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Re: The numbers D, N, and P are positive integers, such that D < N, and N
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17 Mar 2015, 07:51
I will say C. Please let me know if I am missing something.
(1) The four factors of N include 1, D, something, and N. Therefore, N is the product of D and something. Test case 1: N = 6 so D is either 2 or 3 and therefore is prime. Test case 2: N = 8 so D is 4 and not prime (D cannot be 2 because 8 is a power of 2, which violates the constraints.)
(2) Possible values for D include 5, 11, 29, 83, 245, ... etc. We have prime and nonprime possibilities, so this is insufficient.
Combining the statements, D must be one of the prime values given in statement 2, otherwise N would have more than four factors.



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Re: The numbers D, N, and P are positive integers, such that D < N, and N
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17 Mar 2015, 08:10
Bunuel wrote: The numbers D, N, and P are positive integers, such that D < N, and N is not a power of D. Is D a prime number?
(1) N has exactly four factors, and D is a factor of N (2) D = (3^P) + 2
Kudos for a correct solution. Option A:N has exactly four factors, and D is a factor of N : Not Sufficient \(2^1 * 3^1\) factors are 1,2,3,6 ; D can be 2 or 1 . Not sufficient. \(19^1 * 2^1\) factors are 1,2,19,38 ; D can be 19,2,1 . (note 1 is not prime) Option B: D = (3^P) + 2 Not Sufficient \(P=1; D=5 is prime ? Yes\) \(P=5; D=245 is prime ? NO\) A && B from B we know that D is and ODD Integer and from A we have D can be 19,2,1 . (note 1 is not prime) 19 is prime but 1 is not so still the statement is insufficient. Answer E



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The numbers D, N, and P are positive integers, such that D < N, and N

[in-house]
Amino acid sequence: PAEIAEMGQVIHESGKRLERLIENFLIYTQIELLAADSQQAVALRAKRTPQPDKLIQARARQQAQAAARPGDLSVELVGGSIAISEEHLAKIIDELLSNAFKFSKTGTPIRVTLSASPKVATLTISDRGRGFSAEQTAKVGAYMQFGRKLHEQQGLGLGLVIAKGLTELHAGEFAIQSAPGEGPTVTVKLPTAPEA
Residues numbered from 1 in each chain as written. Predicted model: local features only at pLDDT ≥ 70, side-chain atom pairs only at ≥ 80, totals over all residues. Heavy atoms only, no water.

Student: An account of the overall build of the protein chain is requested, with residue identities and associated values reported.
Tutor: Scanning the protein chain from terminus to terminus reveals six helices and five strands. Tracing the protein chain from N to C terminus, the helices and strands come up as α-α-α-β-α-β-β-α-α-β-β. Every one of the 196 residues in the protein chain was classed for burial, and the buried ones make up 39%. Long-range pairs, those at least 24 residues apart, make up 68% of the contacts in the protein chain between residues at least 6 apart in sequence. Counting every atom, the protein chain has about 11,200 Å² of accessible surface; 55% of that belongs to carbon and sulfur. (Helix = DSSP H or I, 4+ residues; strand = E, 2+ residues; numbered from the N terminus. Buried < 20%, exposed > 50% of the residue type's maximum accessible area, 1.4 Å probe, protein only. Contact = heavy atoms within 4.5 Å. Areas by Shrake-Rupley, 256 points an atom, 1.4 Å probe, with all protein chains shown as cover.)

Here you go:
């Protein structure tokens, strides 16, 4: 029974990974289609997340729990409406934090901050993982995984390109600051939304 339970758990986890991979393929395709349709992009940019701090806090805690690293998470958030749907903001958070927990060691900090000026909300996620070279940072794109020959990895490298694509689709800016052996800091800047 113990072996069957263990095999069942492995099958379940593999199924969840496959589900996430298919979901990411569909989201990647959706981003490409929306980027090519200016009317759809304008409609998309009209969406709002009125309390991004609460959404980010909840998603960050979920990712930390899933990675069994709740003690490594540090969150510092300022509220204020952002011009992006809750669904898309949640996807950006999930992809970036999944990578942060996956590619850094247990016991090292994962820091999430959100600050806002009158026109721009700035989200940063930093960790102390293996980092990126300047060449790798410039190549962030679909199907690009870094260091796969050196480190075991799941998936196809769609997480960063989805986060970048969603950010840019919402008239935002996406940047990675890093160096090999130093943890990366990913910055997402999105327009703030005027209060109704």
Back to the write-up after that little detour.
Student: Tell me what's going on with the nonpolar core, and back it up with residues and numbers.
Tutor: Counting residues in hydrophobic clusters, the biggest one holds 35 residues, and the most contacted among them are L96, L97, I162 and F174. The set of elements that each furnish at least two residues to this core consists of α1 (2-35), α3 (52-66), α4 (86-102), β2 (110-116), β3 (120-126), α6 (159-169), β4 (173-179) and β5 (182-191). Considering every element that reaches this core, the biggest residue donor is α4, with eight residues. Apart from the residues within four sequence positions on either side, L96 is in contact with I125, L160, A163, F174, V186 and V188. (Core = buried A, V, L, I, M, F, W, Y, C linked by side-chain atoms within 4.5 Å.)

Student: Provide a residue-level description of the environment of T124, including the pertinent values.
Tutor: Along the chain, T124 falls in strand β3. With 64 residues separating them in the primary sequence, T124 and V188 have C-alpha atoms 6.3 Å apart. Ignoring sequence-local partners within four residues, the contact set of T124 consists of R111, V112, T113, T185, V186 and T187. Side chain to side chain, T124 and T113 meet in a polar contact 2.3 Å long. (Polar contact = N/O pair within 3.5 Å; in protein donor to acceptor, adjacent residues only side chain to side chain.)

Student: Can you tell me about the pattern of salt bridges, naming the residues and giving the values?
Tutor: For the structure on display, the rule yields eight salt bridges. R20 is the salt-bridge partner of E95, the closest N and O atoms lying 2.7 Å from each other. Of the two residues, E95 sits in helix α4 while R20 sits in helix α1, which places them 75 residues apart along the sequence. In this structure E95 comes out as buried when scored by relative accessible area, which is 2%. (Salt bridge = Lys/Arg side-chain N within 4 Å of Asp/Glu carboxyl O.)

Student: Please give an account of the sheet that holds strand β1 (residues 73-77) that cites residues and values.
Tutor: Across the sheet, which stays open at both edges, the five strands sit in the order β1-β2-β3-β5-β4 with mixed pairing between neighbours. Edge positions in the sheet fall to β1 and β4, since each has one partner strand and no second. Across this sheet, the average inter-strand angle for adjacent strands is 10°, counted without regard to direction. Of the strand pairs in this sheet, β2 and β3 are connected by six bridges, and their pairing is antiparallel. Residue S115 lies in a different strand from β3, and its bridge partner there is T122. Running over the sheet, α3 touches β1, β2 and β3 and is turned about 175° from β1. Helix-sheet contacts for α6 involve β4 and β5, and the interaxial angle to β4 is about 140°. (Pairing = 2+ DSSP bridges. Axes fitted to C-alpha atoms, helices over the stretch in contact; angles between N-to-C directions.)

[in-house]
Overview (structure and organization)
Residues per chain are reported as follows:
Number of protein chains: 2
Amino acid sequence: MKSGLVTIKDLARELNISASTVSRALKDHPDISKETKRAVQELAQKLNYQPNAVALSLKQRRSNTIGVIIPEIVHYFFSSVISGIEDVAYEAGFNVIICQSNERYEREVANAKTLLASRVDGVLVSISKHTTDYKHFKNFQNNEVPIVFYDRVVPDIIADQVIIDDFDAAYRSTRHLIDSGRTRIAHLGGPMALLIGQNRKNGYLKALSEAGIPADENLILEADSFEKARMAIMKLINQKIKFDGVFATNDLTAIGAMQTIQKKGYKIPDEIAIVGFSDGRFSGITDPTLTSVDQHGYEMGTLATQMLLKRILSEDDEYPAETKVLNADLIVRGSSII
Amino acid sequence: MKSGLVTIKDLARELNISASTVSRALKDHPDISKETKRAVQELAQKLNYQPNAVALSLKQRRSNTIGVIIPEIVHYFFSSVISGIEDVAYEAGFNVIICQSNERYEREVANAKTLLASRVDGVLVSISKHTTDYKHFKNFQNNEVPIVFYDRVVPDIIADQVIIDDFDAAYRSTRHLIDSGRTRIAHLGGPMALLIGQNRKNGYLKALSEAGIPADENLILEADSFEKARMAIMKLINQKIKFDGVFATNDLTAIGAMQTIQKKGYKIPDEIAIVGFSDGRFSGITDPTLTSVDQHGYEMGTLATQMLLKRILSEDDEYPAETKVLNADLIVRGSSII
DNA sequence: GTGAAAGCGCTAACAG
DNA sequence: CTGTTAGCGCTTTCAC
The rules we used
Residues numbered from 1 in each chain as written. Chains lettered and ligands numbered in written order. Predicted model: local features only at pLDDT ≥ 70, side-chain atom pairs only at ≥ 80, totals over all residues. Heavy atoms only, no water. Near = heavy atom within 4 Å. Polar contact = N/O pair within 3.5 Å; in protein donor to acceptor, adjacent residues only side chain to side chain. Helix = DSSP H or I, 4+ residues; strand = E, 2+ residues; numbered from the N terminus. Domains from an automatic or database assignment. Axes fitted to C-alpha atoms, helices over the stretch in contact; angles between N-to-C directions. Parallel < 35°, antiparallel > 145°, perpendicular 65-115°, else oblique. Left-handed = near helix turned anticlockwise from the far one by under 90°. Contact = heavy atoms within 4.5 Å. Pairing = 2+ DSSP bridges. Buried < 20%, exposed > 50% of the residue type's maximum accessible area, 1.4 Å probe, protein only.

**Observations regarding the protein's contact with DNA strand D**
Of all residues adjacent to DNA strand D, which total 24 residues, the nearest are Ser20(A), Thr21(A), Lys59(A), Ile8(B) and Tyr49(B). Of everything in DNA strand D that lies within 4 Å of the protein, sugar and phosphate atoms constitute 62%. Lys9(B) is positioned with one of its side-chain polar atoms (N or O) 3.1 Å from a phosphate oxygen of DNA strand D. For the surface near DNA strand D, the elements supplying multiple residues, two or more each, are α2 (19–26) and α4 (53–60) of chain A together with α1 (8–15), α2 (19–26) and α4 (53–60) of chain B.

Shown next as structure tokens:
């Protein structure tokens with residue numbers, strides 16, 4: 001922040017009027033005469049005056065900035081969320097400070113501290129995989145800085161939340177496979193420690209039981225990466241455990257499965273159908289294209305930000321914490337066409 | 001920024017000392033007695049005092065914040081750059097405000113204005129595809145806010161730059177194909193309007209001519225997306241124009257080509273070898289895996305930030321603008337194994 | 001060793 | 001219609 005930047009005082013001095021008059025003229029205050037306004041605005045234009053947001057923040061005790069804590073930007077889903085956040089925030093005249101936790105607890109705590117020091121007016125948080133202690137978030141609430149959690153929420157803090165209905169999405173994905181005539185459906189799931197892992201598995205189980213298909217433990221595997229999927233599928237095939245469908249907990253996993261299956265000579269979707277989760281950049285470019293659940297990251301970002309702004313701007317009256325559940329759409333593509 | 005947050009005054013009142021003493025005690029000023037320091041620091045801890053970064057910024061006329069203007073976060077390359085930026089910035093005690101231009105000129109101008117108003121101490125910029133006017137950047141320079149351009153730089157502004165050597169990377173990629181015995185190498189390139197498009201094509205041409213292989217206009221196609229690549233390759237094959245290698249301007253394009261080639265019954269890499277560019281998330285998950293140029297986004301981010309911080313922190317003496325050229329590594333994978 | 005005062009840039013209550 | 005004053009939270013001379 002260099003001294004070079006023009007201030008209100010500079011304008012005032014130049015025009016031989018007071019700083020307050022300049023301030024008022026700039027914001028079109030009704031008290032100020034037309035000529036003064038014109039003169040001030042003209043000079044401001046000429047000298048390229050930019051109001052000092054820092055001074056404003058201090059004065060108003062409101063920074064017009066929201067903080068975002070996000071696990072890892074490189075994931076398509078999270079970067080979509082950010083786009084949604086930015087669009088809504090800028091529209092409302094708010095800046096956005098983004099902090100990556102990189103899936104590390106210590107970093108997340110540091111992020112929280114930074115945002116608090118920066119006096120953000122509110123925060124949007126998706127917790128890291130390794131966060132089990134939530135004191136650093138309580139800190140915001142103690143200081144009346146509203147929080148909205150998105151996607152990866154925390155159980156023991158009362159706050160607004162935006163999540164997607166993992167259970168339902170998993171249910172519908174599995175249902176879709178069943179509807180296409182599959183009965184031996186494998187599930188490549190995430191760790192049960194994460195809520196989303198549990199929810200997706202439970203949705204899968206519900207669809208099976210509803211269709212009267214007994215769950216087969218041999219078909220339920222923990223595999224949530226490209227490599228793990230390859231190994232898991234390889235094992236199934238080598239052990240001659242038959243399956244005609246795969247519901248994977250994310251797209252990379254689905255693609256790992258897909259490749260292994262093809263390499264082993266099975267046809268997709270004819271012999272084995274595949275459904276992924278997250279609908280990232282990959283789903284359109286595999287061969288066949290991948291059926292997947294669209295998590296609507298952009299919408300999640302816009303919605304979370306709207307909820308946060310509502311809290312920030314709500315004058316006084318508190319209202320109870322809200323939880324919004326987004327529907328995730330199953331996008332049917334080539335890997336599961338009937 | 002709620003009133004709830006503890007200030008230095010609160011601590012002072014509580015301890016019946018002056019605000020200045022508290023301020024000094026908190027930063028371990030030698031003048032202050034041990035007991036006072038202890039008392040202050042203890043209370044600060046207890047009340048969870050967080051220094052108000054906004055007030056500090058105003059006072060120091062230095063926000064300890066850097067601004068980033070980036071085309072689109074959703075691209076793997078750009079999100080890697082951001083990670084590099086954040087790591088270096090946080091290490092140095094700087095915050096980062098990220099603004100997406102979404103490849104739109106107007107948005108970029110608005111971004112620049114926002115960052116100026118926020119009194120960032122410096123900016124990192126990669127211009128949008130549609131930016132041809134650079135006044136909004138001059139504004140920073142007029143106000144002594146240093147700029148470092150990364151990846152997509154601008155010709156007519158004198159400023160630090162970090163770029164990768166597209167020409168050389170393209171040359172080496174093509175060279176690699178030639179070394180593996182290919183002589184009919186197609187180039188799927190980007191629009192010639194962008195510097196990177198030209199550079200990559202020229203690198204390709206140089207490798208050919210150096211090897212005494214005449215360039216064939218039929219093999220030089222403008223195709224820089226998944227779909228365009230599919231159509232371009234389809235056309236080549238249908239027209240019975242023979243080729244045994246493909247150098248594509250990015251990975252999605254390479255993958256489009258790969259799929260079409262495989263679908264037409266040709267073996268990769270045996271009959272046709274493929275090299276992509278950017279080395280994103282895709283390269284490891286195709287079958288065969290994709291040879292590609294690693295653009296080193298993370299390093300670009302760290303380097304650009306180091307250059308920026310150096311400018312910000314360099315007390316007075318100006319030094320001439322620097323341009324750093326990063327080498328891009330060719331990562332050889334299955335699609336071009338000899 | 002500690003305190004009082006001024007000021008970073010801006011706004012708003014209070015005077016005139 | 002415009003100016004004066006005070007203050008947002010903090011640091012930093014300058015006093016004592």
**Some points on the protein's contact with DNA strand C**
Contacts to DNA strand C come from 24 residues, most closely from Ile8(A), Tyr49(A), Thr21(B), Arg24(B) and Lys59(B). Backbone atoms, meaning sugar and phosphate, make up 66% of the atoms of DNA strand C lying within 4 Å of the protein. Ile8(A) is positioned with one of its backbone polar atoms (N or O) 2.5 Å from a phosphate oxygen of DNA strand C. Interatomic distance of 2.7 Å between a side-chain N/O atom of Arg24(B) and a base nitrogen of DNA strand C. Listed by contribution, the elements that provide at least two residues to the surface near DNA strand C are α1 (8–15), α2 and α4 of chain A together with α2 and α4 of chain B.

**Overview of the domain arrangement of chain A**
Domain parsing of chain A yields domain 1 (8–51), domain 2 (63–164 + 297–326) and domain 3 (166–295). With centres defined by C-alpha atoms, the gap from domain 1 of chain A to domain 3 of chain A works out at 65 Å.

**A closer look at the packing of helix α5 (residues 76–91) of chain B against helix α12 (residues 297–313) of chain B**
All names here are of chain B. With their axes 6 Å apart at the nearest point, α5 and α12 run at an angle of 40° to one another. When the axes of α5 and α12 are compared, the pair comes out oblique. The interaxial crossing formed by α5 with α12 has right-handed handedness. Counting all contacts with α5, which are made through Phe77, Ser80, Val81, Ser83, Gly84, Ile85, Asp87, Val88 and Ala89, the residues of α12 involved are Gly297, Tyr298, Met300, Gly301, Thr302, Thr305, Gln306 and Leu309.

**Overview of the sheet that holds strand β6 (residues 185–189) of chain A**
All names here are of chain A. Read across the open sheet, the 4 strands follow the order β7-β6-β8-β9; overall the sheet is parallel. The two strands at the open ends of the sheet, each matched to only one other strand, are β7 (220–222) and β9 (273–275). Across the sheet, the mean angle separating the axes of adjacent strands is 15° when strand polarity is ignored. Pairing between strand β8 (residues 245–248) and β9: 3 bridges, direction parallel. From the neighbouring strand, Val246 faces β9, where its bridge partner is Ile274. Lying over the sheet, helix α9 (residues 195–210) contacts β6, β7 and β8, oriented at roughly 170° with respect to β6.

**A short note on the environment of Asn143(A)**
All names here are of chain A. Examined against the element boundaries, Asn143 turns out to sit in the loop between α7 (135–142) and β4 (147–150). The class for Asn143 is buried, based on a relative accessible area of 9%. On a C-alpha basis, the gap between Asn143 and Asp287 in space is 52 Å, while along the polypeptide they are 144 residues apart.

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17 Mar 2015, 10:02
Lucky2783 wrote: D can be 19,2,1 . (note 1 is not prime) 19 is prime but 1 is not so still the statement is insufficient. If D = 1, then 3^P = 1 and P is not a positive integer, violating the constraint given in the problem. (Same with D = 2 or 19)



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Re: The numbers D, N, and P are positive integers, such that D < N, and N
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17 Mar 2015, 10:24
sterling19 wrote: Lucky2783 wrote: D can be 19,2,1 . (note 1 is not prime) 19 is prime but 1 is not so still the statement is insufficient. If D = 1, then 3^P = 1 and P is not a positive integer, violating the constraint given in the problem. (Same with D = 2 or 19) good catch !! Answer is C.



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Re: The numbers D, N, and P are positive integers, such that D < N, and N
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23 Mar 2015, 06:50
Lucky2783 wrote: sterling19 wrote: Lucky2783 wrote: D can be 19,2,1 . (note 1 is not prime) 19 is prime but 1 is not so still the statement is insufficient. If D = 1, then 3^P = 1 and P is not a positive integer, violating the constraint given in the problem. (Same with D = 2 or 19) good catch !! Answer is C. Hi Bunuel, We (me and @sterling19) have come up with number substitution solution for this question but it took me 23 mins to write the test cases , is there a better way to attack this question apart from the magoosh official solution ?